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When the introduction of the National Living Wage in 2016 took away Jacqui Dales’ reputation for paying her staff higher wages, she hit upon a new strategy to get the best from her staff and her business
When the introduction of the National Living Wage in 2016 took away Jacqui Dales’ reputation for paying her staff higher wages, she hit upon a new strategy to get the best from her staff and her business. Alex Yau reports
For a quarter of a century, Jacqui Dales has run the kind of forward-thinking, community-centric local shop that customers love.
Her Spar London Road in Boston, Lancashire, might be just 1,000sq ft in size but it provides a tight, well-presented range of fruit, vegetables and chilled produce and has operated an in-store bakery ever since she took over the store in 1993.
A food counter – meanwhile – has offered freshly-made sandwiches since before most food-to-go-loving millennials were even born.
“There’s a pub and a Greggs nearby, but a lot of their products are ordered in. We can charge a bit more of a premium because we offer the freshest products in the area and shoppers are encouraged to visit us instead because they know they can get lottery tickets, medicine and other groceries, too.”
For years, Jacqui’s strategy for running the store profitably was to get the right staff and pay them well – it lowered staff turnover and ensured her team were always motivated to go the extra mile.
This approach worked well until 2016 when her £7.20 per hour rate became the legal minimum as part of the National Living Wage. “It’s added £11,000 in staff costs as the National Living Wage has gone up anyway and my margins would have shrunk further if I had increased my hourly wages above that rate,” she says.
Jacqui needed a plan and decided on a two-pronged approach.
One part of this was offering training. Her two most senior members of staff (she employs 26) were paid to take a business management NVQ at the nearby college at a cost of £500 each. Other members of staff, meanwhile, are encouraged and trained to take ownership of areas of the business.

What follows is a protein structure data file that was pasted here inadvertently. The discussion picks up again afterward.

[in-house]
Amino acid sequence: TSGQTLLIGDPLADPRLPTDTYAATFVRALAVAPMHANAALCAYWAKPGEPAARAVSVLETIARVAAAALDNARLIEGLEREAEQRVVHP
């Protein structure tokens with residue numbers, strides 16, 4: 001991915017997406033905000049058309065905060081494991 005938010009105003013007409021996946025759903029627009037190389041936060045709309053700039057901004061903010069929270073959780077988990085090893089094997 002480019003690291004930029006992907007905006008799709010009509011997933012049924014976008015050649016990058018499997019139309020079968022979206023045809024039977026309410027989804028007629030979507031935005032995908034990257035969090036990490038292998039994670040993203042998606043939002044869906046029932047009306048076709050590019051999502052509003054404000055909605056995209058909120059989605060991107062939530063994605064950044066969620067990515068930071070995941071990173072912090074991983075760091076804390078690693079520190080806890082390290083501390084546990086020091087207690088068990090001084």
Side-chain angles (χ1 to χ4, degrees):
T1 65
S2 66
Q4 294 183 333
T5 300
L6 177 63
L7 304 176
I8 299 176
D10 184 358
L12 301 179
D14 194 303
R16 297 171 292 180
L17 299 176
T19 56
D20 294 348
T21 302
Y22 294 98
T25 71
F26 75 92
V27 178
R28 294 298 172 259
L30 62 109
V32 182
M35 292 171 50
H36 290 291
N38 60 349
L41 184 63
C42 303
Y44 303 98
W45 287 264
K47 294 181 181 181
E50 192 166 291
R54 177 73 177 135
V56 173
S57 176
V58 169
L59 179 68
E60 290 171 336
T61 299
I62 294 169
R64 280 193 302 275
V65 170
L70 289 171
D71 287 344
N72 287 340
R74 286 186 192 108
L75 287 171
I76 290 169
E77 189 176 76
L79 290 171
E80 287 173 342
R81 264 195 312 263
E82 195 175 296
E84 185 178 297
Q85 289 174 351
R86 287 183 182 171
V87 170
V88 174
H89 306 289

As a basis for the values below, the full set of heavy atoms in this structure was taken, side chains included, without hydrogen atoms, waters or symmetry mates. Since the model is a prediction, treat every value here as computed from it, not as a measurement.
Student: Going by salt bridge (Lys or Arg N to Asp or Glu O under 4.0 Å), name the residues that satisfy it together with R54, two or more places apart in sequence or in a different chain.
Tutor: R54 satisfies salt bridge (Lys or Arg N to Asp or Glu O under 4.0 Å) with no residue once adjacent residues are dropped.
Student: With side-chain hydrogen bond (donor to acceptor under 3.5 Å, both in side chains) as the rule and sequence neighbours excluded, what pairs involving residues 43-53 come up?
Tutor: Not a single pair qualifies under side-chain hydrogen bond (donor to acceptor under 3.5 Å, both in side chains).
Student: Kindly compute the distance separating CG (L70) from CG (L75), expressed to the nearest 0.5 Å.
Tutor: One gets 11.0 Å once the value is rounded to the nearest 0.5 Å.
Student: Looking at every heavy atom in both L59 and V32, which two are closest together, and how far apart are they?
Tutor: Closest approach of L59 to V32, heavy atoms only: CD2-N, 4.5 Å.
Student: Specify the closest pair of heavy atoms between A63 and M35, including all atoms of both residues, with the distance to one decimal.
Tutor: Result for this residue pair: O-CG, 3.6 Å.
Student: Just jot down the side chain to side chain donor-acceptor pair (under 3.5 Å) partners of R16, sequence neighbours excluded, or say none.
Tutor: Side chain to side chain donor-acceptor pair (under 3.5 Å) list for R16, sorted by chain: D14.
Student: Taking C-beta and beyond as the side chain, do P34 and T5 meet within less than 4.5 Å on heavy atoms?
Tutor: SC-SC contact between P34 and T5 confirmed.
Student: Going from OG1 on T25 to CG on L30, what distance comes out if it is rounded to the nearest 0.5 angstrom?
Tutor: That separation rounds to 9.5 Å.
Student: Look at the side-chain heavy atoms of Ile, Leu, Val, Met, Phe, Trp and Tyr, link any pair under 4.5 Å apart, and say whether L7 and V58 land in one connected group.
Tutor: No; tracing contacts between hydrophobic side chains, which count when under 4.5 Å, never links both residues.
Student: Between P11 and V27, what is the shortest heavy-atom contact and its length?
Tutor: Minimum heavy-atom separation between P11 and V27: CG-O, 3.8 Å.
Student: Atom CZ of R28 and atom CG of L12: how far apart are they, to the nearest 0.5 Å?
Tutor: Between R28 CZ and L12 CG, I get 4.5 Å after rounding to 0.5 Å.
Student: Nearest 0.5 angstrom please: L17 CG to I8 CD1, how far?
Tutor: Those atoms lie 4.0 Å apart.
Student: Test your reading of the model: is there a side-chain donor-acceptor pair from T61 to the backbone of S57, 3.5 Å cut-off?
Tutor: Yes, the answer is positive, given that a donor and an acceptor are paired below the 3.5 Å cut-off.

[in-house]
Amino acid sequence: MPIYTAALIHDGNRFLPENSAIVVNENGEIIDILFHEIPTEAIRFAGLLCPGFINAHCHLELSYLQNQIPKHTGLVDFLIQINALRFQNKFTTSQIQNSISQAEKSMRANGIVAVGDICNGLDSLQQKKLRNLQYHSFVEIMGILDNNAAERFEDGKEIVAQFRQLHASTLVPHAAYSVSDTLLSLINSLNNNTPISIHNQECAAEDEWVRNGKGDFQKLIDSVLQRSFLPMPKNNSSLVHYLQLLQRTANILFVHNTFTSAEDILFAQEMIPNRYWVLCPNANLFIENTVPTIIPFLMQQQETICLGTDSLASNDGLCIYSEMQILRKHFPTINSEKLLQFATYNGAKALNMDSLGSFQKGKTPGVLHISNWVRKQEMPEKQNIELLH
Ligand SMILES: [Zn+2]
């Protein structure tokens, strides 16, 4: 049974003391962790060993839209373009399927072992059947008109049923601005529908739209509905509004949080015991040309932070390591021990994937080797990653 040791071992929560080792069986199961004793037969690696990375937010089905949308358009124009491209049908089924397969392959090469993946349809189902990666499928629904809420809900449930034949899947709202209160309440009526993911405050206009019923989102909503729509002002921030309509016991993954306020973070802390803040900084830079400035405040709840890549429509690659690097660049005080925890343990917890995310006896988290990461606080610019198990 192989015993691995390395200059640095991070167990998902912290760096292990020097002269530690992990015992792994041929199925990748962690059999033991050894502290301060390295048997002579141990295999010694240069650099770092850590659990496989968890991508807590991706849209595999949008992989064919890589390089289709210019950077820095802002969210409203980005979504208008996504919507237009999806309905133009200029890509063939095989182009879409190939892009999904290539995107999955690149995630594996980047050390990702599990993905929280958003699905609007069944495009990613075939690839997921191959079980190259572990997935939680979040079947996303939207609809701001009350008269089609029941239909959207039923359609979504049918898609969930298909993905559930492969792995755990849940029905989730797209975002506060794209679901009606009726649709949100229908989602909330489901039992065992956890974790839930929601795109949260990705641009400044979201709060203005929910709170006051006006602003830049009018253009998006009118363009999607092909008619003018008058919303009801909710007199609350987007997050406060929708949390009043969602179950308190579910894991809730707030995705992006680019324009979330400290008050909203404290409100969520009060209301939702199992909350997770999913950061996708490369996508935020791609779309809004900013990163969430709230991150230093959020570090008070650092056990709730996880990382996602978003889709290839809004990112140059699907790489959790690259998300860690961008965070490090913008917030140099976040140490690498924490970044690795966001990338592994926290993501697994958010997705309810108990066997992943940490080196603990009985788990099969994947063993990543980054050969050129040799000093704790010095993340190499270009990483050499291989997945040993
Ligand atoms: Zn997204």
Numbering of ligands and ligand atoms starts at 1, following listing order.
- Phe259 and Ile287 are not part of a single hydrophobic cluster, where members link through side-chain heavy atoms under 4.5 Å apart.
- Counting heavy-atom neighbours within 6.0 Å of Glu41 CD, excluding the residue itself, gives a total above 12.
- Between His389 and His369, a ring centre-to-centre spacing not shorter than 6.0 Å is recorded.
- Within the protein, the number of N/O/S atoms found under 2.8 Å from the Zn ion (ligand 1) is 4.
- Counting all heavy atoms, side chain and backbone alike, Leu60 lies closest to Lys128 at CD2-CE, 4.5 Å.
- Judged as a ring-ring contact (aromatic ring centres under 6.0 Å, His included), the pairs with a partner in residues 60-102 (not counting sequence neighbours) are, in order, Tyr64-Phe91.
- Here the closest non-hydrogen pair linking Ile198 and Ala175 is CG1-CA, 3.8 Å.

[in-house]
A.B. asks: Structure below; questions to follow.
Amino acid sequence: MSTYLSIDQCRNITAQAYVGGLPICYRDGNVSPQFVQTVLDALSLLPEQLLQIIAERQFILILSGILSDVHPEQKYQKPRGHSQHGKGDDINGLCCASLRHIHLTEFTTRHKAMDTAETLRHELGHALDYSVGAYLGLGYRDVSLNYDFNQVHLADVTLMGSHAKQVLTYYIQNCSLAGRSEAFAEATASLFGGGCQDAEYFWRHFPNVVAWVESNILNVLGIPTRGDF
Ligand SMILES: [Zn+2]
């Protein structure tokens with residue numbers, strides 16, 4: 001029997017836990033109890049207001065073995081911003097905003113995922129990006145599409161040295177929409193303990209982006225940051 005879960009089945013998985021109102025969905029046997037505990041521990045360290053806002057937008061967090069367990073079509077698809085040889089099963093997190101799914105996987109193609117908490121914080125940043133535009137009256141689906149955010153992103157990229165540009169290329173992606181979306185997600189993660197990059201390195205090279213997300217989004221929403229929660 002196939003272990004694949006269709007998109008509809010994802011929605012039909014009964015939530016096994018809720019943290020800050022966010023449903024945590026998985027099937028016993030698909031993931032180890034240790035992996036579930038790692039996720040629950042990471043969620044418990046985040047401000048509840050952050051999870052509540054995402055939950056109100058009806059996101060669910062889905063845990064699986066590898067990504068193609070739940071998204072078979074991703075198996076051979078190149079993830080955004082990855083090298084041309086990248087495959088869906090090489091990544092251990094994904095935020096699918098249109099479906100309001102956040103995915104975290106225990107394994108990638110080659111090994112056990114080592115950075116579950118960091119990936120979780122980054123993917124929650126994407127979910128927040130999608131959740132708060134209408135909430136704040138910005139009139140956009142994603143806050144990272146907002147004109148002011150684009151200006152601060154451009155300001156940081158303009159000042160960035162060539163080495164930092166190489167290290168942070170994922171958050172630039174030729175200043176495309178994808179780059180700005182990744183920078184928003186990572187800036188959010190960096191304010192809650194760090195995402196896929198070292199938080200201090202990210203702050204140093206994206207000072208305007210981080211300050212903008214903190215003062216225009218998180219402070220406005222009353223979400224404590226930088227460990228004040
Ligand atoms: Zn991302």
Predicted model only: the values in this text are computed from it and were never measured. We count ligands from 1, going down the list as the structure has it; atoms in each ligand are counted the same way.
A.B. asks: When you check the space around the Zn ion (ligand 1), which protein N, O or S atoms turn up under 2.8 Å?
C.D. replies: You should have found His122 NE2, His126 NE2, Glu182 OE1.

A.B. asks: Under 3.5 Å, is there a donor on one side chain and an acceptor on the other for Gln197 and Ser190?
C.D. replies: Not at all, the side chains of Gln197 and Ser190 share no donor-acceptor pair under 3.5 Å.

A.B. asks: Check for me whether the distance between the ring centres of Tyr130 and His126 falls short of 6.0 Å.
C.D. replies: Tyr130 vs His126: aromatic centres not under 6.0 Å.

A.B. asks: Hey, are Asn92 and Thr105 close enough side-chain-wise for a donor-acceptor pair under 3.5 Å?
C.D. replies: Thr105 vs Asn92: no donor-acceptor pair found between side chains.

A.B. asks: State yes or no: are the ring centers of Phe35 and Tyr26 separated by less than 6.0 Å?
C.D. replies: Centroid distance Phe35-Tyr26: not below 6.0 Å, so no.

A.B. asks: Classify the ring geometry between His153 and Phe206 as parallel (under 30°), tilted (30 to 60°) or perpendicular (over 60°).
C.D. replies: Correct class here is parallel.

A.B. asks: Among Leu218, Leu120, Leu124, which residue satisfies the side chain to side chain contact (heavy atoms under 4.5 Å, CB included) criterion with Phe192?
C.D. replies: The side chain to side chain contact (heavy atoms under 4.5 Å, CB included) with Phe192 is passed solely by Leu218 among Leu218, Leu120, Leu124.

“They’ve become their own experts in many ways. They have their own responsibilities and it really benefits the customers as well. Staff know more about the products and engage customers more as a result. Shoppers stay in the shop longer because it’s more enjoyable.”
And as the business benefits from this approach, Jacqui has been able to introduce the second part of her strategy: financial rewards. “Whether they’re a supervisor or shop assistant, everyone in my store has a target,” says Jacqui. “From making sure they create a relationship with 10 regular customers to meeting availability targets in each section, my staff feel like they can develop themselves more personally and prepare for a move into more senior roles at the store. They can earn a bonus of up to £500 by the end of the year if they hit their targets,” she says
These incentives have paid off. There has been a reduction in staff turnover in the last year, with no employee leaving the business, while availability levels across the shop are at 95%.
All this has led to weekly turnover increase of 7% year on year, crisps and snack sales growth of 30% and even tobacco sales are up by 2%.
For the first time in many years, however, her approach has also allowed Jacqui to take a step back from the everyday needs of the business. She has been left with time to coach staff on products, profit and margin, and customer service, for example. Jacqui, meanwhile, also now has the confidence that with work she can improve and grow her popular bakery offer. As of today, it already contributes a fifth of the overall store takings.
Could it even be that the National Living Wage has been a blessing in disguise?
“Before I’d spend most of the day ordering stock, managing the deliveries and making sure the standards were up to scratch on each area. Giving my staff more responsibility has given me the opportunity to look at the store from an overall perspective,” Jacqui says. “My mind is much clearer now.”
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